The Swine Health Information Center has awarded research funding to five projects designed to better understand the potential use of tongue tips for monitoring emerging diseases. When announcing the request for proposals on tongue tip research, SHIC’s research priorities included diagnostic test sensitivity and specificity, diagnostic lab processing procedures, virus isolation techniques, use to achieve PRRS stability or elimination as a model for emerging disease, and use for investigating vertical and/or horizontal disease transmission. Overall, more information is needed about how to apply tongue tip monitoring to support producers and veterinarians in recovery from emerging diseases. After a competitive proposal review process, awards were made to the University of Minnesota and Iowa State University in fall 2023.  

Titles of the five projects funded are:

These projects will help the industry by providing more information about diagnostic test sensitivity or specificity using tongue tips compared to other sample types such as processing fluids in neonates and oral fluids in nurseries. They will also investigate diagnostic lab processing procedures to support reliable, credible test results, as well as optimizing tongue tip collection protocols for recovery of live virus isolates. With this information, the ability to reliably research pathogens causing emerging disease outbreaks will increase.  

Because there is no predicting when or where the next emerging disease will appear, SHIC needs to be prepared with funds in place that can be quickly mobilized to support filling the immediate research gaps following an outbreak. This research will provide producers and their veterinarians with critical information that they will need to effectively respond to the disease outbreak.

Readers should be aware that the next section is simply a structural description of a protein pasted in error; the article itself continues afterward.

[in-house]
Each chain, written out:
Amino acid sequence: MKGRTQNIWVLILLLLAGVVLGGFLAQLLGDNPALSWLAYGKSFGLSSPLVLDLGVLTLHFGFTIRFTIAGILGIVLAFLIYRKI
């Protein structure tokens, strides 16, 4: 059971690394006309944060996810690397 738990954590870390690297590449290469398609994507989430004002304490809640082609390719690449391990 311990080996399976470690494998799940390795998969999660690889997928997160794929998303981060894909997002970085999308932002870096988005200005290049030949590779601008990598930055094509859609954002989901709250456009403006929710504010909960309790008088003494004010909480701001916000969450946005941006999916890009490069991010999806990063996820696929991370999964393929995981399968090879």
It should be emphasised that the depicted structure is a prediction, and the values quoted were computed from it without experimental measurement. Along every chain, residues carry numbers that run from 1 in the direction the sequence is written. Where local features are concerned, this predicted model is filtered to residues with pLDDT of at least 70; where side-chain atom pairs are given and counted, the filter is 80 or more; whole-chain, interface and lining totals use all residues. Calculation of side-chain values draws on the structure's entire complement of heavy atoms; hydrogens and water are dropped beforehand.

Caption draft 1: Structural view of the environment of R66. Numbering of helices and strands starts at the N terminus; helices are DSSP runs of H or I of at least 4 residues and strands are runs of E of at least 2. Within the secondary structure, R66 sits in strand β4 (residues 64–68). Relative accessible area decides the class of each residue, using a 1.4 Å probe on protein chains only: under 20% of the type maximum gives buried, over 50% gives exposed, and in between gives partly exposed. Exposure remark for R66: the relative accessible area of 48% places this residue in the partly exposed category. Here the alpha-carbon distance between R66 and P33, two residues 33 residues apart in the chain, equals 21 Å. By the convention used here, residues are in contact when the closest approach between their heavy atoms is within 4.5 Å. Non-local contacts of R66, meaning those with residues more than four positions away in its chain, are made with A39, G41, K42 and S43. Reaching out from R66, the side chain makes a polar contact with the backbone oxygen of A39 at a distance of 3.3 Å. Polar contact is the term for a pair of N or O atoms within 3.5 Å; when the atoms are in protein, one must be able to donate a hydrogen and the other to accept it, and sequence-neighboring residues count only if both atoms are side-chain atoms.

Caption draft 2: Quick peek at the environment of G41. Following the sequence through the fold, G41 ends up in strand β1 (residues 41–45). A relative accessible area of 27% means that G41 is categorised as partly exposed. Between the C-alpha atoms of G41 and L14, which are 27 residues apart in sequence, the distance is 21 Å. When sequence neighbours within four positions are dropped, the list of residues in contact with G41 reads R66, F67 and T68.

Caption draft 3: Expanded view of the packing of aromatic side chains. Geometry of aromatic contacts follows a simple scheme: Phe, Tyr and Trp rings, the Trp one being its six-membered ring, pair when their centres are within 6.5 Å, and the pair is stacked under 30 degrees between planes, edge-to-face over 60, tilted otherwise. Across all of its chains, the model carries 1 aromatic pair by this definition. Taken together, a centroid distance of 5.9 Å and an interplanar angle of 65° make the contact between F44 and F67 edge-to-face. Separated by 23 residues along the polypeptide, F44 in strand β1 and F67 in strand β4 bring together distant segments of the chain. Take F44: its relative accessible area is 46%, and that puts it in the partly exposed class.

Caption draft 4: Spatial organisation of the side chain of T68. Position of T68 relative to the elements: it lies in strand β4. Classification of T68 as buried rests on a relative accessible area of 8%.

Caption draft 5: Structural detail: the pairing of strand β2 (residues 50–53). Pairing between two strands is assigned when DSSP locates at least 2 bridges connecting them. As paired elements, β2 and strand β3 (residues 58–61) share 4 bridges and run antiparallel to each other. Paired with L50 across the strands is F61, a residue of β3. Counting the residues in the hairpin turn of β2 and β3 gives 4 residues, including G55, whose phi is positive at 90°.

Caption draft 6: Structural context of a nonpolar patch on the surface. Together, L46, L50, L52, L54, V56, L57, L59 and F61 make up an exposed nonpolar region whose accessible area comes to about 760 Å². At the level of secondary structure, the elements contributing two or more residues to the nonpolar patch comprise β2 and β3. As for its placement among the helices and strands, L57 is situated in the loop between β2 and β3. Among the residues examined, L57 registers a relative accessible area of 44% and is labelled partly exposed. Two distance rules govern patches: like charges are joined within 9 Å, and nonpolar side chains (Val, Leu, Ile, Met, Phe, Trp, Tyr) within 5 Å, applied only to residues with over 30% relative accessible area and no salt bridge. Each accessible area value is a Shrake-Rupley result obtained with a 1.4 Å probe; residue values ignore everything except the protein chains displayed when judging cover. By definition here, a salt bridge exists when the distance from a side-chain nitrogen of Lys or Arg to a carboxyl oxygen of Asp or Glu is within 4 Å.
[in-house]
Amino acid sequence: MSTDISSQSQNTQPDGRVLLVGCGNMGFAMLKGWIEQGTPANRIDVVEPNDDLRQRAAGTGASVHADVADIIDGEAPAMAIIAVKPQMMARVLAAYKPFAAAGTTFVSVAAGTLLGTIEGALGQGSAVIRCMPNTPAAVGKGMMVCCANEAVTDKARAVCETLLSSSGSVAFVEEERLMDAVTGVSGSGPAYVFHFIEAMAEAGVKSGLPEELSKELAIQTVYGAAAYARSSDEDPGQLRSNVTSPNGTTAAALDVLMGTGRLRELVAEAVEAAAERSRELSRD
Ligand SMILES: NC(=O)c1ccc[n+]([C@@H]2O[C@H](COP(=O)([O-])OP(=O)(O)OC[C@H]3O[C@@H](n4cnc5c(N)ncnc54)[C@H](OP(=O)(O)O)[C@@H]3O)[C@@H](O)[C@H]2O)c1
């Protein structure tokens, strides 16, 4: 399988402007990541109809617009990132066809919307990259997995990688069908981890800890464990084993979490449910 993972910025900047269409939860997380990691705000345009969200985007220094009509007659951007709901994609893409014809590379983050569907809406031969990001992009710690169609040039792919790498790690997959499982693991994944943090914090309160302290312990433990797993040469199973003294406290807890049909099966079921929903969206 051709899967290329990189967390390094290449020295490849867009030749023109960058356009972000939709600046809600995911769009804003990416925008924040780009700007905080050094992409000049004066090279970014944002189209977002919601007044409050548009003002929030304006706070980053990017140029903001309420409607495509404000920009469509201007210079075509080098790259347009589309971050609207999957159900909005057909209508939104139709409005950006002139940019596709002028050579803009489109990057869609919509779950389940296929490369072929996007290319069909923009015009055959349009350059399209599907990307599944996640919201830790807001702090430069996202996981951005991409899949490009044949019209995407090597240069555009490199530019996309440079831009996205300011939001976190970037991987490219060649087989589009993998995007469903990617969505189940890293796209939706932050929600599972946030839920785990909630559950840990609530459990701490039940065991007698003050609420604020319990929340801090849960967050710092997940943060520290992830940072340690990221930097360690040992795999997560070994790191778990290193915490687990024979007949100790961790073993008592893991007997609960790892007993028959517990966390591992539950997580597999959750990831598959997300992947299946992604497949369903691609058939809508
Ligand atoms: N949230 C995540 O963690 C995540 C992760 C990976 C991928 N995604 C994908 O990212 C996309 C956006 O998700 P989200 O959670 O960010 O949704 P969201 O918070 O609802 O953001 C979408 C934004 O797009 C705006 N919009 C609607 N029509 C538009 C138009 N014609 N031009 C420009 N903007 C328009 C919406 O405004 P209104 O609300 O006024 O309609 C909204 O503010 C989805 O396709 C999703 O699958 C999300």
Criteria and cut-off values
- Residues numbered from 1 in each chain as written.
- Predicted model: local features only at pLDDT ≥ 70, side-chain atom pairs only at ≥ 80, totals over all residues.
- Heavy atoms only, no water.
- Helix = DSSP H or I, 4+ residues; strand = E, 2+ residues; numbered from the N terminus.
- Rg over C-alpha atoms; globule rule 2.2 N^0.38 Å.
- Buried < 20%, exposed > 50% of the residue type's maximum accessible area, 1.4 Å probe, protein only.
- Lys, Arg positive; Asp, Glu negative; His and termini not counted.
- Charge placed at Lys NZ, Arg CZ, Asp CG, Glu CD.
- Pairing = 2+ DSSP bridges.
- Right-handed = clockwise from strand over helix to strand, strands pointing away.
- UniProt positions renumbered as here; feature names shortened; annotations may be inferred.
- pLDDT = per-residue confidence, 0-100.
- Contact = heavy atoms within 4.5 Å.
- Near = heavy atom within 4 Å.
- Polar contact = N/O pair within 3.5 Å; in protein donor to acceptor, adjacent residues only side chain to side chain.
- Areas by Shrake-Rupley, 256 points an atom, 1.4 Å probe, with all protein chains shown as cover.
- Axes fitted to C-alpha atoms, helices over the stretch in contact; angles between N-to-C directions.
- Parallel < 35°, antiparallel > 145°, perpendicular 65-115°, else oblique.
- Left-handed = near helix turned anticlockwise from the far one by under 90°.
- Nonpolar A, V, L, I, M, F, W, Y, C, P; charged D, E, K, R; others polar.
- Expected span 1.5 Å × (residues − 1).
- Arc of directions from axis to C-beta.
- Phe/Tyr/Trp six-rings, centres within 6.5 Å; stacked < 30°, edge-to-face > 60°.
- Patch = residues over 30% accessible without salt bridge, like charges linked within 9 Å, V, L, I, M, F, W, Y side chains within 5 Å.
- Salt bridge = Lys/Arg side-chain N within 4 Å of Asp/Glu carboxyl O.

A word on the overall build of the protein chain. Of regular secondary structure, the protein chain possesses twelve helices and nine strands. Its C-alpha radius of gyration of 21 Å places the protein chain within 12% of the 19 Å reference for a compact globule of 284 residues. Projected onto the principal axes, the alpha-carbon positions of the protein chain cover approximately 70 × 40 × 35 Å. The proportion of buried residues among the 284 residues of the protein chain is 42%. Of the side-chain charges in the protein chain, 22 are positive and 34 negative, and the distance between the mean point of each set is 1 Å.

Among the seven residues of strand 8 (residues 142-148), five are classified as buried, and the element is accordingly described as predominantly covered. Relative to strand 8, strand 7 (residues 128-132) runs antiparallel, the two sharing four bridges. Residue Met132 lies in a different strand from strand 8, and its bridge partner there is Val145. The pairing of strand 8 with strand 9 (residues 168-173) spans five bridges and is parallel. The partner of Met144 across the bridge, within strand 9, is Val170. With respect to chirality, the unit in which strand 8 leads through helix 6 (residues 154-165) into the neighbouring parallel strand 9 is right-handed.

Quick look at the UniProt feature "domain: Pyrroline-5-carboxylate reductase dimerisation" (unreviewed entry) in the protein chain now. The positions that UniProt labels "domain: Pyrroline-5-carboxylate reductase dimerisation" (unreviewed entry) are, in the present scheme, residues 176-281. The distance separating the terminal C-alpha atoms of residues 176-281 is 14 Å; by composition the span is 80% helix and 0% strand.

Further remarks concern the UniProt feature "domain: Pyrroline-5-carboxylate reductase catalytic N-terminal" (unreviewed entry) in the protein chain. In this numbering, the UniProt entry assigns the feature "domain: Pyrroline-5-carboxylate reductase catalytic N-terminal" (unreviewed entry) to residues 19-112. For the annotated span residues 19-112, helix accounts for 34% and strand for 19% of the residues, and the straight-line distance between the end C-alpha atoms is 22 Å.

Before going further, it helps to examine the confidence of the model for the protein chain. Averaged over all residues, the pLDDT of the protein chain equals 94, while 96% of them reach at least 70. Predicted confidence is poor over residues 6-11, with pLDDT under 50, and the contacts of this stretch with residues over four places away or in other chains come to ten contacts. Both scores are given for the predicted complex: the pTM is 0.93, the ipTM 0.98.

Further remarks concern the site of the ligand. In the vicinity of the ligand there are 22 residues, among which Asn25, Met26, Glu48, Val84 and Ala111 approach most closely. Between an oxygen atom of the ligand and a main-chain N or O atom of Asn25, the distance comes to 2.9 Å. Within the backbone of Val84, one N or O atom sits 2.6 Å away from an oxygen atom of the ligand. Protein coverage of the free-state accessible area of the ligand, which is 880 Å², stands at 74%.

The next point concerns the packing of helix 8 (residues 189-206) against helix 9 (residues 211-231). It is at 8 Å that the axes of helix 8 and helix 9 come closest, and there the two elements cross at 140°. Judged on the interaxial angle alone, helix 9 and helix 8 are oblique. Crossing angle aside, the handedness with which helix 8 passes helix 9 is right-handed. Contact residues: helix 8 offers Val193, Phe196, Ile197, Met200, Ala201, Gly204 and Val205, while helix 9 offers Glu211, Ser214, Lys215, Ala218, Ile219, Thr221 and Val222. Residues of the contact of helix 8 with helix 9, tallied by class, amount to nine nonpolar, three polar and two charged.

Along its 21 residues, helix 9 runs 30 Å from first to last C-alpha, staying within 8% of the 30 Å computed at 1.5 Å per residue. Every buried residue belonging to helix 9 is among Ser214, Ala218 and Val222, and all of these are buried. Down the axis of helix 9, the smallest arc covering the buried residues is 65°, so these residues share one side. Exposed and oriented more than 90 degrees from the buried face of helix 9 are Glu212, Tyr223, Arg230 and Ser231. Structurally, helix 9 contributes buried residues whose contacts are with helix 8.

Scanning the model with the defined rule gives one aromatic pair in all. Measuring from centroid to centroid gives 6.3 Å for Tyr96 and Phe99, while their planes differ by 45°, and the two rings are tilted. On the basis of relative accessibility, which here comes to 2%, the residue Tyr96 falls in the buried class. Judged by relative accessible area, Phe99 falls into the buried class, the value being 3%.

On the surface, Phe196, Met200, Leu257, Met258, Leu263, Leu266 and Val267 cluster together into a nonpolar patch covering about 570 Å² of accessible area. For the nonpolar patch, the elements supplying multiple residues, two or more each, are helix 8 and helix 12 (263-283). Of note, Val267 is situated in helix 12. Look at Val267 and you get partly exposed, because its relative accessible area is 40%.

SHIC Renews Morrison Swine Health Monitoring Project Funding for 2023-2024

With funding from the Swine Health Information Center renewed for 2023-2024, the Morrison Swine Health Monitoring Project’s industry-driven goals continue to focus on enhancing the health of the US swine herd by providing tools that enable implementation of expanded preparedness measures to address emerging or foreign animal disease emergencies. This includes continuously tracking and analyzing trends in the incidence, prevalence, and elimination of pathogens, sustaining ongoing surveillance of PRRSV sequences impacting the US swine population, enhancing producer engagement, broadening representation of the industry, and facilitating access to timely and relevant disease information.   

In their proposal for funding, the MSHMP team wrote, “Building on our longstanding dedication to the swine industry foreign animal disease preparedness, we remain committed to the development of tools for the industry through collection, analysis, and reporting of data pertaining to endemic disease incidence and eradication endeavors.” In 2023-2024, the team will explore potential inclusion of new pathogen incidence estimations, specifically Senecavirus A, while ensuring the ongoing accuracy and reliability of MSHMP’s data. MSHMP will continue to actively cultivate relationships and facilitate interactions among participants, as well as foster collaborations between participants and research institutions.  

Endemic swine diseases and potential for foreign animal disease introduction pose a risk to the US pork industry. These challenges form the basis for MSHMP’s sustained effort to understand, monitor, and mitigate disease risks. Launched in 2011, MSHMP has made substantial contributions to swine health management in the US by monitoring the health status of individual breeding sites, which collectively represent more than 60% of the US breeding herd. MSHMP has facilitated a more comprehensive understanding of the impact of diseases like PRRS and PED while also uncovering data insights such as spatial and temporal patterns of disease transmission, the molecular evolution of PRRSV, and risk factors associated with disease outbreaks.